If you walk along the first-floor hallways of the New York City Housing Authority’s Ocean Bay Apartments in the Rockaways, you see signs. “Repairs ongoing due to damage caused by Hurricane Sandy,” they read. Affixed to doors that were presumably once those of residences, the signs hang from yellowing strips of tape that, judging from when the storm hit, are likely six years old.
If you leave the buildings, head south to the beach and look out over the water, you’ll likely see next to nothing. You won’t see the Williams Company’s Rockaway Lateral pipeline, buried beneath the sea, which was approved just two weeks after Hurricane Sandy brought the neighborhood to its knees. And you won’t see another fracked gas pipeline — the Williams Northeast Supply Enhancement (NESE) pipeline — which would connect with the Rockaway Lateral were the Williams Company to again get its way. All you’ll see are the waves.
We have long had the pipelines. But now we have the storms, floods and fires.
There are other things about the NESE pipeline that Williams would prefer to remain hidden. Like the fact that it would exist almost entirely for corporate profit. If approved, Williams, a Fortune 500 company, would be allowed a 14 percent return on the project’s equity, almost guaranteeing profitability regardless of demand. Williams insists that the need is real, claiming that mandatory New York City boiler conversions away from dirty oil will require more gas to heat homes in coming winters. Yet, as a report issued by the city itself notes, those conversions would require a mere 6 percent increase in National Grid’s gas supply, a number that could be met by renewables. The added capacity of the Williams NESE: 64 percent.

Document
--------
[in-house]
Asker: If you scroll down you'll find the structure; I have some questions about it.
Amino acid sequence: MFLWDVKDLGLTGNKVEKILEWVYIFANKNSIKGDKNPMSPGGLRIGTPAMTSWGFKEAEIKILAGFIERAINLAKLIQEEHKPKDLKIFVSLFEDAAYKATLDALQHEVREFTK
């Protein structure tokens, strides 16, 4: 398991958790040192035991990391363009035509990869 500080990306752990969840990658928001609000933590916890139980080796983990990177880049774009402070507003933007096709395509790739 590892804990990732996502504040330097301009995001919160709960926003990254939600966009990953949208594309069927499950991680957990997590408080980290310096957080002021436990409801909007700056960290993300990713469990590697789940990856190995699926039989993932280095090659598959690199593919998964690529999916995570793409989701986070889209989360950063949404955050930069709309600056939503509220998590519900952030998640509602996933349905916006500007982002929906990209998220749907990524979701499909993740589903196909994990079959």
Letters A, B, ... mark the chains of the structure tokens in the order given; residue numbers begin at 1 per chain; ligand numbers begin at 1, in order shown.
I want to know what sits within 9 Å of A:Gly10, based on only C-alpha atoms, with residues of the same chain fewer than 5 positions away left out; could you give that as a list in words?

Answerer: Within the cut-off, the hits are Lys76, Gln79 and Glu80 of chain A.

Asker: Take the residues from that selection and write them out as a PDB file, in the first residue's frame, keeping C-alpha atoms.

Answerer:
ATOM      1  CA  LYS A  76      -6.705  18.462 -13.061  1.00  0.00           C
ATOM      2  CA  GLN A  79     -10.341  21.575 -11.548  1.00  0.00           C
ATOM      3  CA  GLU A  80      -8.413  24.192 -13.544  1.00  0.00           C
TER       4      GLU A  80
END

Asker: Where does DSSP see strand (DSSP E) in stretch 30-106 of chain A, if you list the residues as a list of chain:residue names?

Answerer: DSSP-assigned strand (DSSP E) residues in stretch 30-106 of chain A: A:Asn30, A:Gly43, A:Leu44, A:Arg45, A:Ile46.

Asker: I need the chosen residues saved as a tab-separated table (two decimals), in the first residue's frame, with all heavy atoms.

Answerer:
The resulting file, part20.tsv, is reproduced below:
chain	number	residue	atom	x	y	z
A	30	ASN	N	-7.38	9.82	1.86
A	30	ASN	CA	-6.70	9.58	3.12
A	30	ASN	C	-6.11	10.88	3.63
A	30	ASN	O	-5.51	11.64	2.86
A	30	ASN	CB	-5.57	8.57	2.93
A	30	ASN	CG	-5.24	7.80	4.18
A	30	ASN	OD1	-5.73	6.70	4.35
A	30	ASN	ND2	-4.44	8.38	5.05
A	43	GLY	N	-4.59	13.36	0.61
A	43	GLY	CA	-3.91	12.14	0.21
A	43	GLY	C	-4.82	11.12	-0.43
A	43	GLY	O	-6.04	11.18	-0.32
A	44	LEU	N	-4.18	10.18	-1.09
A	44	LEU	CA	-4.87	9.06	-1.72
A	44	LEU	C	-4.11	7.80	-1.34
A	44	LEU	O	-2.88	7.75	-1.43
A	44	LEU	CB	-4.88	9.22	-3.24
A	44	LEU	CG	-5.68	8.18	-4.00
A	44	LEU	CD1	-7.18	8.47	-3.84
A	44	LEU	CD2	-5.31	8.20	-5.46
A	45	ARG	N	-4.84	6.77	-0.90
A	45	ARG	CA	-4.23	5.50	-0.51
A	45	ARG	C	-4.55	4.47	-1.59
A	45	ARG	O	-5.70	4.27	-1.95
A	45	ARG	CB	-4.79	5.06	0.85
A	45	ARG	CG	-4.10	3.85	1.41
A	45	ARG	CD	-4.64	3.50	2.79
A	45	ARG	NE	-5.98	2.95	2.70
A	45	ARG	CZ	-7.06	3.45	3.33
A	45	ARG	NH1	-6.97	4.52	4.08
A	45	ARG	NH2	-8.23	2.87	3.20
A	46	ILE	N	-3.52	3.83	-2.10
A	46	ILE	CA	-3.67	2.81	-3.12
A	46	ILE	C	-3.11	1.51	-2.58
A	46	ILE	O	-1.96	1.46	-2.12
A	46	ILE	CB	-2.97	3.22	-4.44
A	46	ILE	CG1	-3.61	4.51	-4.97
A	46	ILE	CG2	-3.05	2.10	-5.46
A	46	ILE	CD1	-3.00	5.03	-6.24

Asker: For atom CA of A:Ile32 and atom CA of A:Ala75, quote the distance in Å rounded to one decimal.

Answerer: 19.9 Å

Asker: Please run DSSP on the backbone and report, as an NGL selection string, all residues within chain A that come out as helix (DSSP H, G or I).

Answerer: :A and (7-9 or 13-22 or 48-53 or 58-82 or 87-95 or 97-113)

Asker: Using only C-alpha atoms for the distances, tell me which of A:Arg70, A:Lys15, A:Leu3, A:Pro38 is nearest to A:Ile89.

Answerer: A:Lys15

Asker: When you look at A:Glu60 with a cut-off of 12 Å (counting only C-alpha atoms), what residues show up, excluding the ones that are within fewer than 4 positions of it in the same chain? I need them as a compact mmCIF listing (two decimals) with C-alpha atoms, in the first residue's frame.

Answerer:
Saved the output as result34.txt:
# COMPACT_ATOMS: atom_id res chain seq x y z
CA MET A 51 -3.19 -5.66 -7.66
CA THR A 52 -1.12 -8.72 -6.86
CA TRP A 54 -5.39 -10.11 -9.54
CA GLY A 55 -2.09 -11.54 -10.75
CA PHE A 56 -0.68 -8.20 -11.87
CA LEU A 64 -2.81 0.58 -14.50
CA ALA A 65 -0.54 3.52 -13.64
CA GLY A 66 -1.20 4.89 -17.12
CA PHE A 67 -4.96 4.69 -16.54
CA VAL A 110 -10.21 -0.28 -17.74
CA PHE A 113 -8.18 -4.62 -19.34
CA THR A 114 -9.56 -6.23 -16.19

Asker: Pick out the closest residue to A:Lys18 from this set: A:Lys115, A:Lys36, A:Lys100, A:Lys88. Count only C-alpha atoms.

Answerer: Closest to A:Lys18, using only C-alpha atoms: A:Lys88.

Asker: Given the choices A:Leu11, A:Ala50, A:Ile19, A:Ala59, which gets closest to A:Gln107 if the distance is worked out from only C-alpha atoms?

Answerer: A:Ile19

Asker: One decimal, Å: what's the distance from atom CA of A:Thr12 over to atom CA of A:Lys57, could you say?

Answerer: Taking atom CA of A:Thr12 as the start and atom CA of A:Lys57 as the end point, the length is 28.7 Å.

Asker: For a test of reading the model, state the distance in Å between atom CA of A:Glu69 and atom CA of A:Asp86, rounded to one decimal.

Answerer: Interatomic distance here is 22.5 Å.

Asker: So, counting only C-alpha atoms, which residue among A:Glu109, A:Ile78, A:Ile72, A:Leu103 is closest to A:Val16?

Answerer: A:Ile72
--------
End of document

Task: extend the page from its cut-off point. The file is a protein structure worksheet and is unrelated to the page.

Williams would also love to hide the fact that, in New York Harbor, construction on the pipeline’s 23-mile-long trench — which would be as deep as 15 feet in places — would stir up arsenic, lead, PCBs and other toxins that have laid undisturbed in the sea floor since the industrial days. Those toxins would end up in the water and on our beaches, in our mouths and on our skin. Construction sediments would clog the gills of fish. The noise from pile driving would disrupt the migratory patterns of endangered Atlantic sturgeon. All of it together could scare off the humpback whales that have only recently been returning to the area. Back on shore, the pipeline would include a compressor station that would release poisonous levels of formaldehyde and benzene, built by a company whose projects have routinely exploded, caught fire, and even killed.
But more serious than any of this would be the pipeline’s contributions to climate change and its resulting impact on communities. Four hundred million cubic feet per day of what is essentially methane would flow from the Marcellus Shale into the Rockaways, much of which would leak along the way as hurricane fuel. When Sandy hit the neighborhood in 2012, almost every home was flooded, some under as much as ten feet of water and 110 of them burned to the ground. At least eight people were killed in the neighborhood and 3.5 million cubic yards of sand — enough to fill the Empire State Building twice — were swept away. The Ocean Bay Apartments, with its six-year-old signs, is just one of several NYCHA complexes along New York’s vulnerable coastline that is still recovering. Williams’ latest proposed pipeline, buried though it would be beneath the waves, would only make storms like Sandy worse.